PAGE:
Exhibition Paper (Jenna Speare)

Jenna Speare

ARTH 3539

25 April 2012


Gallery/ Exhibit Review

BMoCA presents: Viviane Le Courtois’ Edible?

The Boulder Museum of Contemporary Arts is currently showcasing an artist who has been working with food as a source of inspiration and has been creating process based and conceptual installations since 1989. Her work is inspired by her surroundings and consumer culture wherever she lives or travels. She constantly uses found material or food for her artwork and continues to do so even 20 years later. She received her Masters in sculpture and installation from the School of Art and Research in Nice, France, and after extensive travels in Asia, she moved to the US and worked towards her MA in Art History from the University of Denver, where she received her diploma in 2000. Since then she has been featured in various museums and galleries around the world and works today as a curator, a teacher, and an artist. We are lucky to have a variety of her work here in Boulder at the BMoCA.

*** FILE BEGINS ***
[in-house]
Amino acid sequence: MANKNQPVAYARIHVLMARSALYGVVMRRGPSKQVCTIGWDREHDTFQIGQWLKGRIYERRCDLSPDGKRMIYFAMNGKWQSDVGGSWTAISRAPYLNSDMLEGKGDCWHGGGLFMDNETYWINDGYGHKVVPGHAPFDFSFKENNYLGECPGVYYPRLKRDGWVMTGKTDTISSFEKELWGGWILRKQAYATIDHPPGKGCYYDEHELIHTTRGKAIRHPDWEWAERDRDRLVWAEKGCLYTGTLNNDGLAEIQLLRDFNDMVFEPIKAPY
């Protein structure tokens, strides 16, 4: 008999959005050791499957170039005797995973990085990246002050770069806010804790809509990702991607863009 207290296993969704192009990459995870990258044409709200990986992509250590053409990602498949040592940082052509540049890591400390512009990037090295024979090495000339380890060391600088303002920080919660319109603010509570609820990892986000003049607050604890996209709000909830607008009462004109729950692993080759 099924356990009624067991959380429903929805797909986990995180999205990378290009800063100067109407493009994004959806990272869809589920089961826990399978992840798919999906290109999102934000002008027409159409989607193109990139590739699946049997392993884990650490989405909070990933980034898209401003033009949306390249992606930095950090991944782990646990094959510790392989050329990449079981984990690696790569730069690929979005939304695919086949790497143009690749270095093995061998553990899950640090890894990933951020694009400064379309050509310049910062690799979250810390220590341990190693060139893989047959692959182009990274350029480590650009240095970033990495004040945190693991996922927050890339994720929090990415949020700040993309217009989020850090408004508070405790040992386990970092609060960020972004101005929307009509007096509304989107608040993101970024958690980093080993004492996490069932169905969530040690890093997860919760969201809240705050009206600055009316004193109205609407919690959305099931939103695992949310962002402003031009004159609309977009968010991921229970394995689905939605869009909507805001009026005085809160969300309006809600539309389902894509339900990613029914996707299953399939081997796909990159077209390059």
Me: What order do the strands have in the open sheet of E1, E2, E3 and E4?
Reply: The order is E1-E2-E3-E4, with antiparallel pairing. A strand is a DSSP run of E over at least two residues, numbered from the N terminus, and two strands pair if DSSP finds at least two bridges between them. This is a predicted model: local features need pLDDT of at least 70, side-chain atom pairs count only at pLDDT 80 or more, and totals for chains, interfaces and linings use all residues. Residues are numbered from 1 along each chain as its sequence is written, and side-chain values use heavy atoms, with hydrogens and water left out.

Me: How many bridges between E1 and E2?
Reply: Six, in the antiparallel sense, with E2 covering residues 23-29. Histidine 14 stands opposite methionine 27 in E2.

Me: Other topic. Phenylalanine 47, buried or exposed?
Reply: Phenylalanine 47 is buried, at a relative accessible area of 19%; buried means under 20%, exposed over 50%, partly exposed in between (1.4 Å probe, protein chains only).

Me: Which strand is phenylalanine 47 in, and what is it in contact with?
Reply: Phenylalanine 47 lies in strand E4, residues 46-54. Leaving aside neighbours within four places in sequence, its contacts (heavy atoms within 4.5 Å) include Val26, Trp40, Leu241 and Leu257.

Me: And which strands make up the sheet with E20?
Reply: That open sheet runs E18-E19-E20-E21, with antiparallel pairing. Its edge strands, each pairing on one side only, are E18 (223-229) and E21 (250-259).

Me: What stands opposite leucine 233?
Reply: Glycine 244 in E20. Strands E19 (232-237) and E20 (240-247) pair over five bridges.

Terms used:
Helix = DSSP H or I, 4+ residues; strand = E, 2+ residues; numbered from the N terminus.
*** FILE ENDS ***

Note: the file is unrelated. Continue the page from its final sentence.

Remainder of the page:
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Viviane Le Coutois Edible?

On a gorgeous day hinting at spring warmth, I couldn’t resist the urge to skip class, enjoy the weather, and stroll across town for a long awaited visit to the BMoCa. The BMoCA, Boulder Museum of Contemporary Art, resides next to the Boulder Creek and is based in a historic landmark building in the heart of downtown Boulder. As I entered the humble red brick building, I was delighted to discover the admission to be an affordable $4 for students and $5 for adults. Their spring exhibition involved two installations; Viviane Le Coutois’ Edible? and Jason Rogenes’ SP4C3CR4FT open until June 17, 2012. Both exhibitions reflect on consumer culture in different ways. However, Viviane Le Coutois’ installation was particularly interesting, exploring the dichotomy between organic and mass-produced consumerism. Her newly commissioned live interactive installation, The Garden of Earthly Delights, was contrasted by a display of sarcastically mocked products and ideas associated with unhealthy consumerism. Viviane Le Coutois’ exhibition provided a rejuvenating space for contemplation, challenging my inner fat kid to choose between a healthy meal afterwards or a delicious package preserved snack.